water, eight nagas and eight gods. Eight is the number of completion in Vajrayana
mandala space.
The Eight Emanations of Guru Padmasambhava are quite popular in Tibet. Many
different meanings and symbols are associated with them. Externally, Guru
Rinpoche's emanations may be seen as reflections of his all-pervading nature.
Internally, they are the eight consciousnesses. The transformation of the eight
consciousness into the five wisdoms is the secret way to understand the theme of
these desciriptions. Taken together, the eight manifestations communicate all three
levels of meaning.
I will now name the eight emanations of Guru Padmasambhava. Guru means master,
teacher or lama, and precedes the name of each manifestation.
The first is known as Guru Padma Gyalpo which means "lotus king." The second is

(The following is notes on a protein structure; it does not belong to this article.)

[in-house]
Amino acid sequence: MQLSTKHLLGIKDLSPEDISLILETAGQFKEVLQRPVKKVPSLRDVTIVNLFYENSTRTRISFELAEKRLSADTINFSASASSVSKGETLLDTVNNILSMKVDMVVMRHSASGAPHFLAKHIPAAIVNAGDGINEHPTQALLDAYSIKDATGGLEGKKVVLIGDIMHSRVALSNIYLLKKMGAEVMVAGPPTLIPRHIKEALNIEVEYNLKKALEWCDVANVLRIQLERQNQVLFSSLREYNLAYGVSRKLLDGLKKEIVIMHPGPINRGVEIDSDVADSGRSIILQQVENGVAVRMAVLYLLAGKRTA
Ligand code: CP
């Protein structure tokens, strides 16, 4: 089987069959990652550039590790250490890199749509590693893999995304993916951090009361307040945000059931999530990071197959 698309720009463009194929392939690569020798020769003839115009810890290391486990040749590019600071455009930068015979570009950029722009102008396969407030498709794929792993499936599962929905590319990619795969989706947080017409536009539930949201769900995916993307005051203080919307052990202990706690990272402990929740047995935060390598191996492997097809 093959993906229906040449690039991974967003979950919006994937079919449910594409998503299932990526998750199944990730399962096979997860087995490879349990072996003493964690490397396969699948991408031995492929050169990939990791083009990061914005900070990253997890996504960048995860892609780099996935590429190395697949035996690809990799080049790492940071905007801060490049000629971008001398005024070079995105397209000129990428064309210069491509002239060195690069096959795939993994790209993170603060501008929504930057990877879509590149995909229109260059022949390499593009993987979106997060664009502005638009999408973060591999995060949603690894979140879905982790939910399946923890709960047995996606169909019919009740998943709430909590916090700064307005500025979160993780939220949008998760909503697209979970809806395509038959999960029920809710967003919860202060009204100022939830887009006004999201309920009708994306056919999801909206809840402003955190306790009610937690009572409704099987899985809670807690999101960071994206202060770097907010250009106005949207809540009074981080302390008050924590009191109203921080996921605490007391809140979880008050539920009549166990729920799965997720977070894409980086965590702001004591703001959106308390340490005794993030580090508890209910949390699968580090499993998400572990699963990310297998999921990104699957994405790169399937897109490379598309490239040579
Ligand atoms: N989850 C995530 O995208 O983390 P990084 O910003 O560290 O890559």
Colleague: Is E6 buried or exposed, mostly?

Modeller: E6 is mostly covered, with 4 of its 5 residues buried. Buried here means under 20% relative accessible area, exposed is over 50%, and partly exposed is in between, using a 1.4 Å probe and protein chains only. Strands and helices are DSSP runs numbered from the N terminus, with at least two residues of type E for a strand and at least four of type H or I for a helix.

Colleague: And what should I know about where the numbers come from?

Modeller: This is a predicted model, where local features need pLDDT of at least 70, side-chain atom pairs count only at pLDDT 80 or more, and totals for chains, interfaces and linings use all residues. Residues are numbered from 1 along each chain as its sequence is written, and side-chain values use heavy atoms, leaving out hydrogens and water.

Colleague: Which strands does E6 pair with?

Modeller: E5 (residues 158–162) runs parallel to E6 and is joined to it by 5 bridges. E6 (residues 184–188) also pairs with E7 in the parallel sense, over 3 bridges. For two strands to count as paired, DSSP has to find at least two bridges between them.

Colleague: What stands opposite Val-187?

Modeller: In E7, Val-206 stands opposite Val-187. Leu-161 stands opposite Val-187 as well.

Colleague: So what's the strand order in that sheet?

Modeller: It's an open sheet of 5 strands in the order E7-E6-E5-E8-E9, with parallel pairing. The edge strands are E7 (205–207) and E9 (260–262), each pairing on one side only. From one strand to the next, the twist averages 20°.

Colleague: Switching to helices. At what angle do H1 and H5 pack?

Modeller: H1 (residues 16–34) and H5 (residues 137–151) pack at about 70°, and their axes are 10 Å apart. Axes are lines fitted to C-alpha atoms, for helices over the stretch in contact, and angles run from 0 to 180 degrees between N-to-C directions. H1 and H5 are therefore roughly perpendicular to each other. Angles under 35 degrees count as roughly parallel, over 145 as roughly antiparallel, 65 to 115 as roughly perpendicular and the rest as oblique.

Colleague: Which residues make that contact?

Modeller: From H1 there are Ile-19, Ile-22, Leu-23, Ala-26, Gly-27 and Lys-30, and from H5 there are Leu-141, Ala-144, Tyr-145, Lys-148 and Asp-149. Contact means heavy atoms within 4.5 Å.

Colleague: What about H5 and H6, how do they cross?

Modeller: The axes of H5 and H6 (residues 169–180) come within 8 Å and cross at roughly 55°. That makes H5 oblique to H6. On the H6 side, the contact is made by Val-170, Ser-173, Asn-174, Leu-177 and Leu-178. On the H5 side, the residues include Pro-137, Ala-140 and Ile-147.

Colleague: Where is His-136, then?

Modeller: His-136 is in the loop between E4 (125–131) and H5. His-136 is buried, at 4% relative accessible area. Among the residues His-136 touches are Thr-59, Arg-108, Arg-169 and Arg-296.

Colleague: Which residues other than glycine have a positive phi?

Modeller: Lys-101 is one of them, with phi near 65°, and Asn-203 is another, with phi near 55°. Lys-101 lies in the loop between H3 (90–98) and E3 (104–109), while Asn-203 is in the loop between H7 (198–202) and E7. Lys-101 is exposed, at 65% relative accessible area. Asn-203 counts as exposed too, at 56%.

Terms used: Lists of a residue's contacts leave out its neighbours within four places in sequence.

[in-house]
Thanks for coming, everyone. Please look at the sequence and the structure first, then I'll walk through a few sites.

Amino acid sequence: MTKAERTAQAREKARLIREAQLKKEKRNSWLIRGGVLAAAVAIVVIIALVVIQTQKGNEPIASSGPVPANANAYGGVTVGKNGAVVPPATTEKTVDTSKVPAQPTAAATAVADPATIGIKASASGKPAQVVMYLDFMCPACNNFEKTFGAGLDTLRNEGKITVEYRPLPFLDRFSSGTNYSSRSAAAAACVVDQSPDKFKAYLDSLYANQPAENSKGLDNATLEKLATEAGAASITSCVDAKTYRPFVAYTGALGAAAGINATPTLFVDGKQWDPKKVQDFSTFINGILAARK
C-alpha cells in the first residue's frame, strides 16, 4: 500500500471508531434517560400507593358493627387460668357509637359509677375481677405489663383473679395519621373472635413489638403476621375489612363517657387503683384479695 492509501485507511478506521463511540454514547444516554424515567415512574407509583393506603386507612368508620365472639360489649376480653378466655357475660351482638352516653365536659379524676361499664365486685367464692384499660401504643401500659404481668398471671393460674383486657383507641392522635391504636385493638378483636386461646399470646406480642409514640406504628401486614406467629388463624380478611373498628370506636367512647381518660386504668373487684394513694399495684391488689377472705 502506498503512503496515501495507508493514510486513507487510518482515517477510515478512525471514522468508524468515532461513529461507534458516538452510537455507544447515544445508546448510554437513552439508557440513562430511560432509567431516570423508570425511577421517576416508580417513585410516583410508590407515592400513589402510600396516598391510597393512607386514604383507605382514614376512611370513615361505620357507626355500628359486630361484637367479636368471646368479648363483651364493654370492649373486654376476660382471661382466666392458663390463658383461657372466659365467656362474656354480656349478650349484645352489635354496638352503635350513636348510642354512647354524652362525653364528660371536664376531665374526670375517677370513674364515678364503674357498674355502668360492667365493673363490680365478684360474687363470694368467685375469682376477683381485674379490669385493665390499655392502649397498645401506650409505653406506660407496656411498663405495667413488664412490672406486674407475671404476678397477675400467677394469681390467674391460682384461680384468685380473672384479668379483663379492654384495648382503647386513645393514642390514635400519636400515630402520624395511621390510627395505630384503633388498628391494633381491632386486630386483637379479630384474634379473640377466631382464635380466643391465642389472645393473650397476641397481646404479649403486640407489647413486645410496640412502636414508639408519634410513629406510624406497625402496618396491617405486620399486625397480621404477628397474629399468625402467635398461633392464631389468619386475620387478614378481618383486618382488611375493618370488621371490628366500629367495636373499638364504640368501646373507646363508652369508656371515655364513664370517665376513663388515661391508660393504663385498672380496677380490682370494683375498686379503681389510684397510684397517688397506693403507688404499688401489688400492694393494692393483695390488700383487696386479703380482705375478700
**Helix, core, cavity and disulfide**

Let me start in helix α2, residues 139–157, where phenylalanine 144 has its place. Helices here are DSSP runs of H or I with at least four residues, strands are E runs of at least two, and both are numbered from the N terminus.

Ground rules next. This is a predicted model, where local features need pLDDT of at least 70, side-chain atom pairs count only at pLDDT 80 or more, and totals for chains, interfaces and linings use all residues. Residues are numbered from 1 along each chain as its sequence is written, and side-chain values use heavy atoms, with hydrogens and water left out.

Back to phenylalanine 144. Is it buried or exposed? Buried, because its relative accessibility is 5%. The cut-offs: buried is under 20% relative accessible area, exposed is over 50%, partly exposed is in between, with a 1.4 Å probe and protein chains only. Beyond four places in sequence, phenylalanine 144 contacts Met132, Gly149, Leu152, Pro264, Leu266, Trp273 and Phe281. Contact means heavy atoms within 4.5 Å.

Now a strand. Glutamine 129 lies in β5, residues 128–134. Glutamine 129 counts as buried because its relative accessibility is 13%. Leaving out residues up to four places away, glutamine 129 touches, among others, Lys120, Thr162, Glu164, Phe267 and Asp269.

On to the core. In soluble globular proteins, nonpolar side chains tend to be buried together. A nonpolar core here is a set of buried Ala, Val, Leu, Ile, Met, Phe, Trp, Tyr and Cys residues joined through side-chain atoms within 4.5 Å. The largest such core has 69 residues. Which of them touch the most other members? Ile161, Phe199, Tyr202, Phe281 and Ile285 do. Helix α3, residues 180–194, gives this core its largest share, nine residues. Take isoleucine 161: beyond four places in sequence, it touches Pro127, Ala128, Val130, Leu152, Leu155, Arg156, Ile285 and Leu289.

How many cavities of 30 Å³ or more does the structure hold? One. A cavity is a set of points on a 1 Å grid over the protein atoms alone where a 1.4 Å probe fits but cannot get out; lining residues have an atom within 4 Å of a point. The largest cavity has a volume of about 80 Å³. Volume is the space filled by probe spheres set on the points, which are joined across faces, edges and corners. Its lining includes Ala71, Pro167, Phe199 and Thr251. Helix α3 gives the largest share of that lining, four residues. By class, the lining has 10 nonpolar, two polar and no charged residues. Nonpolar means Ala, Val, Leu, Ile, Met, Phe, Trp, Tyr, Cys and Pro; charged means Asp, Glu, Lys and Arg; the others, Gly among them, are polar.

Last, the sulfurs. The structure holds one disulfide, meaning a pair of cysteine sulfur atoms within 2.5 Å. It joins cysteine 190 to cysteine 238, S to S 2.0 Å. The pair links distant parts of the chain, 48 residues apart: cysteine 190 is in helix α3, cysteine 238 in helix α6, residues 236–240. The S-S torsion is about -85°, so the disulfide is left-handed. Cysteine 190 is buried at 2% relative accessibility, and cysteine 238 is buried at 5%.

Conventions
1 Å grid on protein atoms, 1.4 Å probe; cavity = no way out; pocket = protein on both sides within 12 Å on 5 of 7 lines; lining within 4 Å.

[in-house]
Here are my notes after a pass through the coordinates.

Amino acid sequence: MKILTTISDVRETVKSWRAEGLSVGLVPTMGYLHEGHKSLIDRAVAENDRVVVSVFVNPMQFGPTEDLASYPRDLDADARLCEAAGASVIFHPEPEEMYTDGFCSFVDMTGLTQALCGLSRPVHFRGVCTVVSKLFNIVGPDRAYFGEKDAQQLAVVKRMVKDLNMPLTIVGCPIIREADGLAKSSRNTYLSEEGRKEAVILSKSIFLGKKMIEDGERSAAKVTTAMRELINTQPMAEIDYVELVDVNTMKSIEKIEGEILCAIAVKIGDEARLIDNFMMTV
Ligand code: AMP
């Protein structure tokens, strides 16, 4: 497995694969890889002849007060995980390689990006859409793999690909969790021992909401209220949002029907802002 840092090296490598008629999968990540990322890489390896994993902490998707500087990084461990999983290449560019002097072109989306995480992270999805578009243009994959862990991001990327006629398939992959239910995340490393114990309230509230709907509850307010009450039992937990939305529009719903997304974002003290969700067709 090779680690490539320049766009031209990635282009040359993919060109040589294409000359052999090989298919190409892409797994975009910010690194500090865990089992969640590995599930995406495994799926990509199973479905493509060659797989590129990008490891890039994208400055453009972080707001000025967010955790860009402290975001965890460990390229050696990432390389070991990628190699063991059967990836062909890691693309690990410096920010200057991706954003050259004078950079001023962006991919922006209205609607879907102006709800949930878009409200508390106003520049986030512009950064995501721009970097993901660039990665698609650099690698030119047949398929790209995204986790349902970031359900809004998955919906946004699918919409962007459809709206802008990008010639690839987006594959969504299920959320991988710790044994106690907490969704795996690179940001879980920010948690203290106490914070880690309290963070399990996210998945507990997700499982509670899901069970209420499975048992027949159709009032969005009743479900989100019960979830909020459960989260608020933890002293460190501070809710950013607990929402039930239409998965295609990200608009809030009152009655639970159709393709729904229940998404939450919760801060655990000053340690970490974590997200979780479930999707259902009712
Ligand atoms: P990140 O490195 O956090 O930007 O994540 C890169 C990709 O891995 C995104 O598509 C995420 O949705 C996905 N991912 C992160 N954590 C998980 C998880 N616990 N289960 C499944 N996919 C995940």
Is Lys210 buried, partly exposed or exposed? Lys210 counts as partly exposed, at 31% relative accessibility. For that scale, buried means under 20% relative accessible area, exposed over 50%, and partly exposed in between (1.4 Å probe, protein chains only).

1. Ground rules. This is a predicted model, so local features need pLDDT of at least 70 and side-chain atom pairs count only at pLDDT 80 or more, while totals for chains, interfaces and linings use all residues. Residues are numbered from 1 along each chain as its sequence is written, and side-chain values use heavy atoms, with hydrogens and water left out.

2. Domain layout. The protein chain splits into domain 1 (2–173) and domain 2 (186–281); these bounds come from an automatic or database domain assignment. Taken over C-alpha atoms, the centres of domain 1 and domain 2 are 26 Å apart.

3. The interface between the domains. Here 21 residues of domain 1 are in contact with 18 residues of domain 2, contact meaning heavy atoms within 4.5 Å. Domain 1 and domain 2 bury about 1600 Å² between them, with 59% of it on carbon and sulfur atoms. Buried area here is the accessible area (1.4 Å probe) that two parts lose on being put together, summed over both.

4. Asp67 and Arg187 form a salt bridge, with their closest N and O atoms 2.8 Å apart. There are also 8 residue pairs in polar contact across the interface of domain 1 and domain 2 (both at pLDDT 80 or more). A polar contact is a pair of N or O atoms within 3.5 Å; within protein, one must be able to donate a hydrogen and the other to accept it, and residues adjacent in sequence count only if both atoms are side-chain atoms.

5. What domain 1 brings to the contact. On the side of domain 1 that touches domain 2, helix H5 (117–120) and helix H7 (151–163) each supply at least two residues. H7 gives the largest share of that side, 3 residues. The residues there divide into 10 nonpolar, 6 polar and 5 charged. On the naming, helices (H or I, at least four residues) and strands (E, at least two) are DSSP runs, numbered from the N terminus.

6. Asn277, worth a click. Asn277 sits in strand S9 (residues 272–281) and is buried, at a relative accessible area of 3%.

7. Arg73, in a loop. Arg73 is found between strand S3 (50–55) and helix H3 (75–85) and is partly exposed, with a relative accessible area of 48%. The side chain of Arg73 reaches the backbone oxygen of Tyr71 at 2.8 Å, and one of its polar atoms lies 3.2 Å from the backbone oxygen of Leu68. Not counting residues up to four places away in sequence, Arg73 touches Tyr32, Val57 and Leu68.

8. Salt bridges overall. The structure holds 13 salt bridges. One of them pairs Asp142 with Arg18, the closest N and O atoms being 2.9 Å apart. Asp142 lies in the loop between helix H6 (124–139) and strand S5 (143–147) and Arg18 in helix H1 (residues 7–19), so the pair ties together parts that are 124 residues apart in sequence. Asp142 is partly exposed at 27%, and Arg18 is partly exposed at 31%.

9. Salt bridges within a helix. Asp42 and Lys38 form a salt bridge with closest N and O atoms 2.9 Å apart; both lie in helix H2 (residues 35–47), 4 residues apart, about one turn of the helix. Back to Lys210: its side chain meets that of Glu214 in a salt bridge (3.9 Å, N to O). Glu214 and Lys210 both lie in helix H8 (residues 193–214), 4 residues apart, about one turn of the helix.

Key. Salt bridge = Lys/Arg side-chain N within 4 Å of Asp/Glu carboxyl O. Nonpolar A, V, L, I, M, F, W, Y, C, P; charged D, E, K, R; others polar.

Guru Nyima Özer, meaning "ray of sun." The third emanation of Guru Rinpoche is
Loden Chokse, which is roughly translated as "the super-knowledge holder." The
fourth is called Guru Padmasambhava. This name is Sanskrit but even in Tibet, this
is how we refer to this emanation. Padma means lotus, which is a symbol of spiritual
perfection. Sambhava has many different usages, although in this case it means
essence, so Padmasambhava signifies "lotus essence." The fifth one is Guru
Shakya Sengé. Shakya is a Sanskrit word and part of the family name of Buddha
Shakyamuni. It means undefeatable or courageous. Sengé is a Tibetan word which
means lion, so this title means "undefeatable lion." The sixth emanation of Guru
Padmasambhava is named Padma J ungné. In Sanskrit, this is translated as Guru
Padmakara. Padma is lotus and kara is translated into Tibetan as jungné, meaning
"arisen from." So this name means "born from a lotus." The seventh is known as